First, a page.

thu 18/12/2014

The Nutcracker, Royal Ballet | Dance reviews, news & interviews

The Nutcracker, Royal Ballet

There's snap in the Christmas cracker yet

Alexander Campbell as Nephew/Nutcracker © Royal Opera House

When dealing with the big beasts of the classical repertoire, the Royal Ballet has a history of both playing it straight and playing it very, very well. Peter Wright’s venerable production of The Nutcracker is a case in point: although sticking close to the original scenario and choreography, Wright (along with designer Julia Trevelyan Oman) created in 1986 a show that feels ever-fresh in 2013. Full of visual delight, wonderful dancing, and festive cheer, this Nutcracker also feels genuine, as if the people behind it continue to feel the magic themselves.

In his story treatment, Wright eschews any Freudian flights of fancy and gives the original scenario one simple but effective twist: making Drosselmeyer, gifter of the Nutcracker doll, into an urbane, talented magician who sets up the whole Clara/Nutcracker encounter because his beloved nephew has been imprisoned in the wooden toy. This allows Gary Avis (pictured below) to sweep magnificently around the stage all evening, organising the action and providing an important element of continuity across the potentially profound disjuncture between the two Acts, but more importantly, it makes the potentially creepy Drosselmeyer into a sympathetic character. In fact, one of the most touching moments of the whole ballet is when the powerful conjuror tenderly ties a scarf around the neck of a doll.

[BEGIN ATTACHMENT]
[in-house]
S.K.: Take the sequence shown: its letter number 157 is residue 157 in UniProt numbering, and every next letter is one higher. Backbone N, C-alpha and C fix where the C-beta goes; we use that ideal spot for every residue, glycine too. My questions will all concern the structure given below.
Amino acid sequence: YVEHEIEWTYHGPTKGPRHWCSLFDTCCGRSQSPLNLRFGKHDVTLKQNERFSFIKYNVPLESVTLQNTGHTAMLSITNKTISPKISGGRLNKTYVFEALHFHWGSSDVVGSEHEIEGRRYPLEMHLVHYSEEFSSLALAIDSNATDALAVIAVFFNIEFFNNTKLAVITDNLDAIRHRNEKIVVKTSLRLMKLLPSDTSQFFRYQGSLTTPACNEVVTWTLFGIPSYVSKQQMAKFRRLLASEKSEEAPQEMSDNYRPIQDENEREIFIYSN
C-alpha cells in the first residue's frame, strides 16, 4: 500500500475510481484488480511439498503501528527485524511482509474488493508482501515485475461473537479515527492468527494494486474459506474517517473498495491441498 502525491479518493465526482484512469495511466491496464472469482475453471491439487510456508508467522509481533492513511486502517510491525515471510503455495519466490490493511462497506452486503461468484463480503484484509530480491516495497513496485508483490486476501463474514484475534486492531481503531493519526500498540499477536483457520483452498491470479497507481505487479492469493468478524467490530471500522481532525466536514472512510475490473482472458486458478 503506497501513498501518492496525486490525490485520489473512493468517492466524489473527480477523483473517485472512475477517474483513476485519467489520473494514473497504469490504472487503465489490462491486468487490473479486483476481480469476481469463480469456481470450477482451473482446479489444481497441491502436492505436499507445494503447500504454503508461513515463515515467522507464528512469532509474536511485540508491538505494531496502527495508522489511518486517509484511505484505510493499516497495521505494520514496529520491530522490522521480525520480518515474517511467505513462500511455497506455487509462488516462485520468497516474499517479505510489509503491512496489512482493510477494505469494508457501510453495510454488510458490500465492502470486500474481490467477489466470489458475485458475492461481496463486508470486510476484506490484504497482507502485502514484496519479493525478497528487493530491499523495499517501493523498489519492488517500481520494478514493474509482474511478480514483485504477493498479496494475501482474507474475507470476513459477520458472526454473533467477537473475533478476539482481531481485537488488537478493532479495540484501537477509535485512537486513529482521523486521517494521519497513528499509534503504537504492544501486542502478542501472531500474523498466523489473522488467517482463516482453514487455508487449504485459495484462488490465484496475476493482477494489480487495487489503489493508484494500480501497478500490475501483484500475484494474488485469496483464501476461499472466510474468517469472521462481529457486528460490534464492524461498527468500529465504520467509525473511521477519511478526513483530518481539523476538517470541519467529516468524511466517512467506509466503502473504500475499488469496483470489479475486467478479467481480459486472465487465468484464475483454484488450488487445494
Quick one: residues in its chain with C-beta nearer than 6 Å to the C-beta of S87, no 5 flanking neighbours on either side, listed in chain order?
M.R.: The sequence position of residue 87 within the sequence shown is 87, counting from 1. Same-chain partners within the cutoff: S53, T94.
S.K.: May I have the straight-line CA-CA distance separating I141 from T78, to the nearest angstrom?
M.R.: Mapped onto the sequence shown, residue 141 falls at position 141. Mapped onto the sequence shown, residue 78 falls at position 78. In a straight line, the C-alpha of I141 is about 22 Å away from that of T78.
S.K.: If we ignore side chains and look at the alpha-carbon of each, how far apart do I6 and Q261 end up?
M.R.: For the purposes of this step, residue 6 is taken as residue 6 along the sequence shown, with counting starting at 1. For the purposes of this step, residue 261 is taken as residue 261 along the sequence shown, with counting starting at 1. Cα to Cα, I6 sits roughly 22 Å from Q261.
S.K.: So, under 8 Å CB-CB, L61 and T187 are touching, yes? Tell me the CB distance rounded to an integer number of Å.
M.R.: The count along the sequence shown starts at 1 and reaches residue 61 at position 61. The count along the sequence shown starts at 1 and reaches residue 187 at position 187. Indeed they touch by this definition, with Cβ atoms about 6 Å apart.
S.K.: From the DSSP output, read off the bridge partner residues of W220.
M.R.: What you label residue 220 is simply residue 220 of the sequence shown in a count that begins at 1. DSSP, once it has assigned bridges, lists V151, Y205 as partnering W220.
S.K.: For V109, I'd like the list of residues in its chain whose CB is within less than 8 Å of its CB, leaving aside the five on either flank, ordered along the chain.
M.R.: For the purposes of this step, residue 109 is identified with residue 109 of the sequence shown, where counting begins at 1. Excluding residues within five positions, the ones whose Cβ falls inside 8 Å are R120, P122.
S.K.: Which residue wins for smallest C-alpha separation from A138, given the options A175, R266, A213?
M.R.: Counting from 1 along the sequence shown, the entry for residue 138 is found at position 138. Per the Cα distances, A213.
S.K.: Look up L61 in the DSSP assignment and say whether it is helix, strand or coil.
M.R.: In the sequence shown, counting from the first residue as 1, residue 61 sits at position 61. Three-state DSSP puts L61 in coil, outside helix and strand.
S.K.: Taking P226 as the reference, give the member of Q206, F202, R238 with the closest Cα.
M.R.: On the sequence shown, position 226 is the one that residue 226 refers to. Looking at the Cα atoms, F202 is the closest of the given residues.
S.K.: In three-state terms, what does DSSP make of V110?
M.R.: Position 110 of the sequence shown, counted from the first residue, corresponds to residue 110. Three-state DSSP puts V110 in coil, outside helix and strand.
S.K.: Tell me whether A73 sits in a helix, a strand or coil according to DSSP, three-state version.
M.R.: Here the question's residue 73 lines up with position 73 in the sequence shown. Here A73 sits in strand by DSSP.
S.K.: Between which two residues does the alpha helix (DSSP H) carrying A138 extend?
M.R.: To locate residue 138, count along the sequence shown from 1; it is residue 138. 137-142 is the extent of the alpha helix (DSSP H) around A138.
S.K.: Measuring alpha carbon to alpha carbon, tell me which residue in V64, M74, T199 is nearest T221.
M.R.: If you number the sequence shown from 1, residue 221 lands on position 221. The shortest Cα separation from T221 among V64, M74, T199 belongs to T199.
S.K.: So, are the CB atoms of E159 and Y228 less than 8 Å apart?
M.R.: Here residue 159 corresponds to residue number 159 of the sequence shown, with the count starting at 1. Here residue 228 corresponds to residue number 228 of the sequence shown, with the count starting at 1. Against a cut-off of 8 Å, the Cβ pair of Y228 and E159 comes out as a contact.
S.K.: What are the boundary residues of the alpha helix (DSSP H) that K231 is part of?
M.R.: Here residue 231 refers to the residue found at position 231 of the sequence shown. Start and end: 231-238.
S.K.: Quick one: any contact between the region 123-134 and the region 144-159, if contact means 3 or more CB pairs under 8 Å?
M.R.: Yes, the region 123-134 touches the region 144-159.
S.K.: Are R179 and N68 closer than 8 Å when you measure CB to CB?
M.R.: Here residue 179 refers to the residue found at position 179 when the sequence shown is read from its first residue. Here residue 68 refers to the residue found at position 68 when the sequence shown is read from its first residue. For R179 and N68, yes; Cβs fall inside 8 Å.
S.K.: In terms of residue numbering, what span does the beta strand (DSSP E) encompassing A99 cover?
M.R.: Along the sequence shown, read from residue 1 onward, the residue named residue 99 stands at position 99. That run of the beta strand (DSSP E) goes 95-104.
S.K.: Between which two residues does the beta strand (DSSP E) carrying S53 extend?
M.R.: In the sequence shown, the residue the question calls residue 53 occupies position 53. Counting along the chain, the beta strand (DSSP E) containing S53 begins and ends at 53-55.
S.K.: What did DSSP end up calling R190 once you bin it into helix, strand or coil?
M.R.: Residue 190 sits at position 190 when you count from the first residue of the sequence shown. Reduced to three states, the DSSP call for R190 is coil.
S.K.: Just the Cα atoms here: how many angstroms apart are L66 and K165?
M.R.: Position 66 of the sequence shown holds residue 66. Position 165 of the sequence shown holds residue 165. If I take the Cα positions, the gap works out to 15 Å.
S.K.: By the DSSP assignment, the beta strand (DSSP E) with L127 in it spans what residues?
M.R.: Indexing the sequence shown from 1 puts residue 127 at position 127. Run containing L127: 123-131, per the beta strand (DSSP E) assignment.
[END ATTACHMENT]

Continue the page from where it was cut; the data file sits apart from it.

Gary Avis as Herr DrosselmeyerAvis, an experienced character dancer, is a known quantity, but the fine dancing of Francesca Hayward as Clara (a last-minute substitution for Emma Maguire) came as a delightful surprise. Very quick on her feet, she jumps like she’s just been popped from a champagne bottle, floating on fizz.  Evidently more than just a soubrette, however, she combines petit allegro flair with musicality and gorgeously airy leg extension, although sadly her port de bras is a shade too strong and mechanical as yet (she's young; let's hope it mellows). Hayward gives us a self-possessed, even brave Clara, who is at her best when dancing with the Nutcracker/Nephew, Alexander Campbell, another sparky dancer who has joyfully effortless elevation in his jumps. Hayward and Campbell’s bouncy pairing works because, even if they occasionally look more like two twenty-somethings having a lark (i.e. themselves) than children, their delight in the fantasy land that has been conjured up for them never seems to waver.

The Sugar Plum Fairy, Laura Morera (pictured below), is a very different dancer to Hayward. Significantly older as well as more senior, Morera has a short, powerful build that harks back to the aesthetic of mid-twentieth century British ballet (think Alicia Markova) and contrasts sharply with the slender, leggy look of most contemporary ballet school graduates. Dancing the fantastic final pas de deux in the grand classical style, Morera uses her superbly expressive arms, hands and head to show that tiny movements of the wrist or neck can dominate the stage as completely as any number of “six o’clock” arabesques.